Total Instructional Alignment

I spent the past two days at the Alameda County Office of Education with six of my colleagues from the district at a workshop for Total Instructional Alignment. This was lead by and based on the book written by Lisa Carter. She wrote the book before the CCSS, however, the resources and process that she showed us is more than adequate for working with the CCSS. It follows the process of unpacking the standards, creating learning targets, determining assessment focus and aligning instruction. This work aligns very well with what we have been working toward in our district with site academic specialists and teachers. The resources and work we did the past two days were eye opening and will definitely help us to extend and deepen what we have started.

It was also great to be there with most of the district level academic specialists, working together and discussing the work we were doing. One of the things we are hoping to work toward is consistency at all levels and in all disciplines throughout the district, so working together today was a great experience toward this. It really helps for everyone to receive and synthesize the same information and being able to discuss our impressions and understandings. I know that I would love to see this kind of work happening at sites and in grade level teams across the district, the comprehension of the standards and instructional practices to support them would be very powerful for our teachers and students.

We all agreed that one of the most powerful things we saw this week was unpacking the standards for a unit plan, recording the same standards from the previous grade level at the beginning of the plan, putting the current grade level standards at the end of the plan, and realizing that the unit plan is the steps to get from the first set to the second. The realization that the standards record the learning outcomes that students should reach by the end of the year really created an understanding for us of what learning in the classroom could look like and how it could be scaffolded for students in different stages of learning. I’m excited to continue digging through the grade levels and creating plans with teachers while gaining deeper understanding of the process of learning that can occur within our classrooms.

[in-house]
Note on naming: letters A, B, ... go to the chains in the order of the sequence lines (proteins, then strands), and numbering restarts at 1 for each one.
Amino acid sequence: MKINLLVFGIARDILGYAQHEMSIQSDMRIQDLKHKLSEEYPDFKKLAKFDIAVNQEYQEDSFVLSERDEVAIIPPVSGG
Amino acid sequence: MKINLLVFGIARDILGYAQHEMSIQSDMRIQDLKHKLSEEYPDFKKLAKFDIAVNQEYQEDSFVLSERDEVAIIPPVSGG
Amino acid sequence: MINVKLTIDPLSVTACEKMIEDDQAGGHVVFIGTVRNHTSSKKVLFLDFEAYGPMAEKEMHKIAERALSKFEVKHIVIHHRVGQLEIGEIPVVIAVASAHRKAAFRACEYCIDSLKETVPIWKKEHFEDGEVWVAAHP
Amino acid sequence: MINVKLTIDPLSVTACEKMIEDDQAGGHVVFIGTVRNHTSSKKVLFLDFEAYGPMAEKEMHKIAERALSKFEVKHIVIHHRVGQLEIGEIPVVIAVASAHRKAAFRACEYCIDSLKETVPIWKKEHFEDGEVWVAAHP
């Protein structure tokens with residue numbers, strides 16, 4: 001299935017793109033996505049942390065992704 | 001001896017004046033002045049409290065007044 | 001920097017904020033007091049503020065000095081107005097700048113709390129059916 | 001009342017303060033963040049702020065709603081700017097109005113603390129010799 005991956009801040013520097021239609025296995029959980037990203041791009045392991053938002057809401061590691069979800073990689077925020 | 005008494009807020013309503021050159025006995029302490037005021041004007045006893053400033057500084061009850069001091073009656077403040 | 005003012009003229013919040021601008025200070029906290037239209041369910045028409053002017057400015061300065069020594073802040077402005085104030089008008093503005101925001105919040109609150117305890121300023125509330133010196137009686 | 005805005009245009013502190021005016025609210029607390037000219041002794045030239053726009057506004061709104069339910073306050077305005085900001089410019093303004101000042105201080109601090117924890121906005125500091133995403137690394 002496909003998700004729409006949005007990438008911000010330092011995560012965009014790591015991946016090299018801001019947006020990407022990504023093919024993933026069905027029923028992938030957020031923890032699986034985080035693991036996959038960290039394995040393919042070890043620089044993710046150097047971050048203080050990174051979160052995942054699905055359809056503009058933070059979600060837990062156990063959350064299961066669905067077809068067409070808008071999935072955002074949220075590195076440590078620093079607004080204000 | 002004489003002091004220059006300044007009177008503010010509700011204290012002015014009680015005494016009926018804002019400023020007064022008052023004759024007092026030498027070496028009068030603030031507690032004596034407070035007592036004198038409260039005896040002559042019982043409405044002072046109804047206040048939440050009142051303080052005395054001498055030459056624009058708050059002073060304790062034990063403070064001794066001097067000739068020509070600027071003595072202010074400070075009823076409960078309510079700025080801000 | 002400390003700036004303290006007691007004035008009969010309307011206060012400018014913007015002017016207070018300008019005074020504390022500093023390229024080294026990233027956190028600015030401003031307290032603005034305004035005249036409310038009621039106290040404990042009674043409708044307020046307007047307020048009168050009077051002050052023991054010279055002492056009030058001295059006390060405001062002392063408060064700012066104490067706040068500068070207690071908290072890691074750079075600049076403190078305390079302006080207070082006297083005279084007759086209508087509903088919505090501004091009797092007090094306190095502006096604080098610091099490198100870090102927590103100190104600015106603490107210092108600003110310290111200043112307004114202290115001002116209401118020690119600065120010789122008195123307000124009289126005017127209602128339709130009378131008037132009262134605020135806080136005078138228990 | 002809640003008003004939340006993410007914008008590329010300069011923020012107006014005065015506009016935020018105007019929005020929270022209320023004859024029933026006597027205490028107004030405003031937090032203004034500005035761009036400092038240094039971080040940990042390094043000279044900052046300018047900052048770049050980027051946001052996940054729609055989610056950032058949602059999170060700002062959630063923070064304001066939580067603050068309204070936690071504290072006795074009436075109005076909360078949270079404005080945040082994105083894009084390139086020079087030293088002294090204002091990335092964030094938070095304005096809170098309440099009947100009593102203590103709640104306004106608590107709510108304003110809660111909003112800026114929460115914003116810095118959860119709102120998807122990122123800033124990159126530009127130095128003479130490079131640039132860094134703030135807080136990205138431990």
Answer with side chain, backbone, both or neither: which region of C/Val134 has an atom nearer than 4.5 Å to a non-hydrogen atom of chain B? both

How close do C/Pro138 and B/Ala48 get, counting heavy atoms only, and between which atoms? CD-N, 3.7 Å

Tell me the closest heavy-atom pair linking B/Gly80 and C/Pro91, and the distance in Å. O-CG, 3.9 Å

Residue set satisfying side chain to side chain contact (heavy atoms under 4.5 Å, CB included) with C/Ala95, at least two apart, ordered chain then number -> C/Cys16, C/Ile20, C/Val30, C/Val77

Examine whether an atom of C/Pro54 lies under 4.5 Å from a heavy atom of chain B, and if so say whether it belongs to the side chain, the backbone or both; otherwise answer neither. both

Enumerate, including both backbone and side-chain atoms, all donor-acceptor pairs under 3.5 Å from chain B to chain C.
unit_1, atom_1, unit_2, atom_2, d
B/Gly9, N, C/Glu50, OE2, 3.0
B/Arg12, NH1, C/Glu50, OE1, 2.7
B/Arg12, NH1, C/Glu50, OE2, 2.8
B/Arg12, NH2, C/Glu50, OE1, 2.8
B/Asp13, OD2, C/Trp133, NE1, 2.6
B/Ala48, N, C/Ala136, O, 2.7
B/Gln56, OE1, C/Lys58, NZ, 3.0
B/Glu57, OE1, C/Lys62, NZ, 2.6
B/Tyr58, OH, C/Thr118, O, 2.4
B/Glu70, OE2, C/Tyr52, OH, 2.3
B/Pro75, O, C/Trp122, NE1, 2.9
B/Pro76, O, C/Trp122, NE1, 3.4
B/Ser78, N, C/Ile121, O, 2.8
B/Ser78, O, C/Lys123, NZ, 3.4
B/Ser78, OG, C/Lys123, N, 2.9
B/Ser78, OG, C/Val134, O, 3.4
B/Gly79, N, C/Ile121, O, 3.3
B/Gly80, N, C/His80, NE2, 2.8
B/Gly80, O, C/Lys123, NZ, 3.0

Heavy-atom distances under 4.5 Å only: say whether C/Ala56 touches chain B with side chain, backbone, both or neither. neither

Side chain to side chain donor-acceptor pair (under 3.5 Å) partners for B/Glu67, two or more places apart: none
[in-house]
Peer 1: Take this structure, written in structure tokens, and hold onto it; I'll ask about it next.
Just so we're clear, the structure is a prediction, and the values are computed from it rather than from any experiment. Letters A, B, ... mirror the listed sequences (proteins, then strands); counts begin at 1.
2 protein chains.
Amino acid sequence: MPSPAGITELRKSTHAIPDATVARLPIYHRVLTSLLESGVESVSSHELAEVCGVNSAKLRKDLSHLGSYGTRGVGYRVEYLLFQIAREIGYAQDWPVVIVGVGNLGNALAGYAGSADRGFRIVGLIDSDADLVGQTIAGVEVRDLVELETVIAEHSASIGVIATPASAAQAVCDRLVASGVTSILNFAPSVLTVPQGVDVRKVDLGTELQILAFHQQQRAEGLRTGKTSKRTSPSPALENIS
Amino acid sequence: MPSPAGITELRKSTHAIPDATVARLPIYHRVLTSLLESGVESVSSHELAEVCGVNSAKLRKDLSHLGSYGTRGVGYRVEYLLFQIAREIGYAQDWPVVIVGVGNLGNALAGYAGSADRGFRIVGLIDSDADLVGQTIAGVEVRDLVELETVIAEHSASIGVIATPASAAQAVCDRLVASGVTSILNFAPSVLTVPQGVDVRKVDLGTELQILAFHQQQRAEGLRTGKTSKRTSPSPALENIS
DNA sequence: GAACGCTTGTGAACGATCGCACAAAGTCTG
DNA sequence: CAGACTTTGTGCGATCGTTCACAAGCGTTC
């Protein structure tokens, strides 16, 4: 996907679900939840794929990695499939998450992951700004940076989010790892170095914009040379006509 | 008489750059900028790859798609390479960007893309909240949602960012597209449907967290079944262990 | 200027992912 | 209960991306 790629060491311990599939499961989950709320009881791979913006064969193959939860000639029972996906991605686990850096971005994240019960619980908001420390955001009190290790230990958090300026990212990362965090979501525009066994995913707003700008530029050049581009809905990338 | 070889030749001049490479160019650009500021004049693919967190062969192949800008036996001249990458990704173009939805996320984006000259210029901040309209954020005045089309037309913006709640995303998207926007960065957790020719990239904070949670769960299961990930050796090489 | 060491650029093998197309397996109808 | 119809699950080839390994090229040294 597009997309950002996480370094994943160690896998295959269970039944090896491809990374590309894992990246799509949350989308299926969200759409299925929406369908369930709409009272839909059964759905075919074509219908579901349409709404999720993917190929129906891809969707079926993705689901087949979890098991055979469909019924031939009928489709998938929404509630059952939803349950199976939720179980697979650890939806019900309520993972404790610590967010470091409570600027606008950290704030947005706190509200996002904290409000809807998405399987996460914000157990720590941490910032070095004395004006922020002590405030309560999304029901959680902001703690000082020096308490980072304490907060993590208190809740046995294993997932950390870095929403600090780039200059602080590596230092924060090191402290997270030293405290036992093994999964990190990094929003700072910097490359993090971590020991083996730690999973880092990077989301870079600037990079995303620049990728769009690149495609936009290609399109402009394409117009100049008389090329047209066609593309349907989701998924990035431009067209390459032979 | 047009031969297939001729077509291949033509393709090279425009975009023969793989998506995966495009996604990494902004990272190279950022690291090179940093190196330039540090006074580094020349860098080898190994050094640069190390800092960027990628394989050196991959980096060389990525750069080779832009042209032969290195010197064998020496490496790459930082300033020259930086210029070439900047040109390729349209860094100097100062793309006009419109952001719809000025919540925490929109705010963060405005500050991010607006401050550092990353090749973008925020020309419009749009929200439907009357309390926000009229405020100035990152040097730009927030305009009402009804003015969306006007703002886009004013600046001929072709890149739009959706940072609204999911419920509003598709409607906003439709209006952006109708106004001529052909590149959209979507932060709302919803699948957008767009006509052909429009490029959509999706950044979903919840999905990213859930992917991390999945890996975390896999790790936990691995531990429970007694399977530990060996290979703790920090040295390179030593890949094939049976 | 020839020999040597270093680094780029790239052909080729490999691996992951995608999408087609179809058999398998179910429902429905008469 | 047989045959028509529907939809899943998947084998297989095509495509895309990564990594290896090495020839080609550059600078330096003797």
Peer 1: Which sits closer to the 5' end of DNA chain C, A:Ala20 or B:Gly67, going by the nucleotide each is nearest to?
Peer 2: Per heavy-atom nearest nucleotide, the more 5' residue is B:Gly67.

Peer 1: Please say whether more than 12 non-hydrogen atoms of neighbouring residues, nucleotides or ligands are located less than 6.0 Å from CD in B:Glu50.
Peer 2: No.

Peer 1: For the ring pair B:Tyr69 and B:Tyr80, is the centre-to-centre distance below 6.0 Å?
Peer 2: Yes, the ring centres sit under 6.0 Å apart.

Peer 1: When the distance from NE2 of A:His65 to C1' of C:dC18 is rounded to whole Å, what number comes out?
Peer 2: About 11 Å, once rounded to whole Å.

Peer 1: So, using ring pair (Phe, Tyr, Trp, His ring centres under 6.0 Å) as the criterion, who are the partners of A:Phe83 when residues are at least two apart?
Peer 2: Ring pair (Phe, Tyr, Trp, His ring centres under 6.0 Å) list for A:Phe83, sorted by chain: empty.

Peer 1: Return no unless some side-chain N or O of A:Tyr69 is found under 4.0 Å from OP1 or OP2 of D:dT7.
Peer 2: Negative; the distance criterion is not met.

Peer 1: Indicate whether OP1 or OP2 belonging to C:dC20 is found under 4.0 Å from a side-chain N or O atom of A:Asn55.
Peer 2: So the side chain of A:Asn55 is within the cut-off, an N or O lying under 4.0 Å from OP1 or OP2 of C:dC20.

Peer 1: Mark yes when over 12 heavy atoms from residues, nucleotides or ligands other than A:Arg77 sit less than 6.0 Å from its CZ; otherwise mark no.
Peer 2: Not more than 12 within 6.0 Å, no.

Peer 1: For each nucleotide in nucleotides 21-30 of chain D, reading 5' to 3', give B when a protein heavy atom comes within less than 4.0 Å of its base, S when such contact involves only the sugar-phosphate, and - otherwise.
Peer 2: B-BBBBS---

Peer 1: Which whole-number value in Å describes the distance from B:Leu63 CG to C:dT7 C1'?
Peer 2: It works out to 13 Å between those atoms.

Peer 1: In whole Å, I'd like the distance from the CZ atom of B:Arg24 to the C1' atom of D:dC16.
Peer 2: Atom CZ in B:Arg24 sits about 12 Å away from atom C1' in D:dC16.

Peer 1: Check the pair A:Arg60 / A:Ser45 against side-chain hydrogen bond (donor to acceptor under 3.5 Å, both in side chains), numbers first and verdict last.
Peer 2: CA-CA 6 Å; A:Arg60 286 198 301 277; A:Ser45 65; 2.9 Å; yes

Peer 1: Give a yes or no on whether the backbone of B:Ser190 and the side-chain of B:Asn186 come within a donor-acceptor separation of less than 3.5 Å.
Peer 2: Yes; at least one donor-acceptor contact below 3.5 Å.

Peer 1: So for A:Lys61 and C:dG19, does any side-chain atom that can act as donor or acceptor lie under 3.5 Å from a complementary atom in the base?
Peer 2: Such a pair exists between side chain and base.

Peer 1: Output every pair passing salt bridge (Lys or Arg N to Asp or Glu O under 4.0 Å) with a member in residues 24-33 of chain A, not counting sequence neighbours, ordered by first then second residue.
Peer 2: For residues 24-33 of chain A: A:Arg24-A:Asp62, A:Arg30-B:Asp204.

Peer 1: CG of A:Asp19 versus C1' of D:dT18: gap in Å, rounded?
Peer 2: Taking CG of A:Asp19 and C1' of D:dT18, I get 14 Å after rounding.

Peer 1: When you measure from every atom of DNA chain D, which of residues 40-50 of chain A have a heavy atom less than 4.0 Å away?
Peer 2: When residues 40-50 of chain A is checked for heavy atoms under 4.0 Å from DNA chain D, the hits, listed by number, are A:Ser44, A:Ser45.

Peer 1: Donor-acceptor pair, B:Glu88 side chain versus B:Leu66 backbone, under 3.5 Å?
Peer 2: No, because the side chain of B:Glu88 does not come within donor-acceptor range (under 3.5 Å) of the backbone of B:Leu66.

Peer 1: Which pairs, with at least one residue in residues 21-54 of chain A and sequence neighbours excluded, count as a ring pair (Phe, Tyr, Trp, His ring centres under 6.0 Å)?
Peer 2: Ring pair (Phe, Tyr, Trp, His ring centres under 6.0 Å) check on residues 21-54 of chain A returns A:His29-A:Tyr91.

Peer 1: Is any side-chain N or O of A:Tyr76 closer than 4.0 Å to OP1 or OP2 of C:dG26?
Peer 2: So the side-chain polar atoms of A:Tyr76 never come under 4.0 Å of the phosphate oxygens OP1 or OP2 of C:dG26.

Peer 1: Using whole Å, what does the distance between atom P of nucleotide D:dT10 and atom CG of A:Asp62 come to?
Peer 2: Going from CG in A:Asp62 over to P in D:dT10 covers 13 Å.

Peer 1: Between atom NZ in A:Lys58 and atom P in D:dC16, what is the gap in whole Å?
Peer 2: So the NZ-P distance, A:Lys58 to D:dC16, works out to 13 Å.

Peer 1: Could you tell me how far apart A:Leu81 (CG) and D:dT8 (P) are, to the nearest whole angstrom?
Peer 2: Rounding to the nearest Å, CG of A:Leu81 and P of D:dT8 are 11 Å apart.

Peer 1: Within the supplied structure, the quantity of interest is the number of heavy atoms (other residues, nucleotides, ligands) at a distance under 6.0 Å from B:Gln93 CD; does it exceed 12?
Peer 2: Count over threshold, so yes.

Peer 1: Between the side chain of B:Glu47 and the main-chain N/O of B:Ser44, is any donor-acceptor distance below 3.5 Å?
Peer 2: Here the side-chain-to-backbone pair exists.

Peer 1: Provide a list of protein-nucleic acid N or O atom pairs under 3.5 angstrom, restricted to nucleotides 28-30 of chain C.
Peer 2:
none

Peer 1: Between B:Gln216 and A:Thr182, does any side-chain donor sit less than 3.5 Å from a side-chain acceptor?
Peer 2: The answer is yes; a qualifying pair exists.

This was great timing for us at the elementary level, as we have just created a math curriculum committee and are beginning the work of looking at standards, assessments, pacing and new resources for our teachers. We will be piloting materials next fall which gives us the opportunity to really dig in and make much clearer decisions about good teaching and learning.


Assessment Data

Our elementary schools had an interim district level assessment in November. There was a lot of groaning and complaining about this assessment because we have 19 elementary schools, at least 3 resources that are being used at different sites, and grade levels are in many different topics even at the site level. The assessments we had ready to give covered approximately 45-55% of the topics that had been covered in classes in grades K-3 and the teachers were very upset about giving a test to their students that had topics they hadn’t covered. There was no way to write a test that would work for all schools, so we decided that due to our lack of math data on our students over the last year, we had to do something. We decided to have grades 1-3 give the previous level EOY assessments, Kinder gave an interim assessment from the most popular resource currently being used, and grades 4-5 would give the availableĀ assessments as they covered at least 75% of topics covered by the sites. This was quite an ordeal to make happen, and many teachers were not happy with the outcome. Quite a few felt these assessments were ridiculous, and couldn’t possibly give us any valid information. Furthermore, why would we give an assessment the kids had already taken the previous year? What could we possibly learn, we’re just giving tests for the sake of giving them to get data.

I have to admit, I was a little worn down through this. These discussions encompassed approximately one month, I spent quite a bit of time researching order of topics that had been taught across our sites, which resources were being used, and studying standards being taught against standards being tested for all of the ready assessments and in search of how to create more reasonable assessments. I felt like a broken record discussing the importance of having some data on our students so we had an idea of what they did and didn’t know, and that any data would be valid and important for informing our instruction. Many conversations required me to be patient and understanding in hearing the teacher’s concerns and validating those concerns.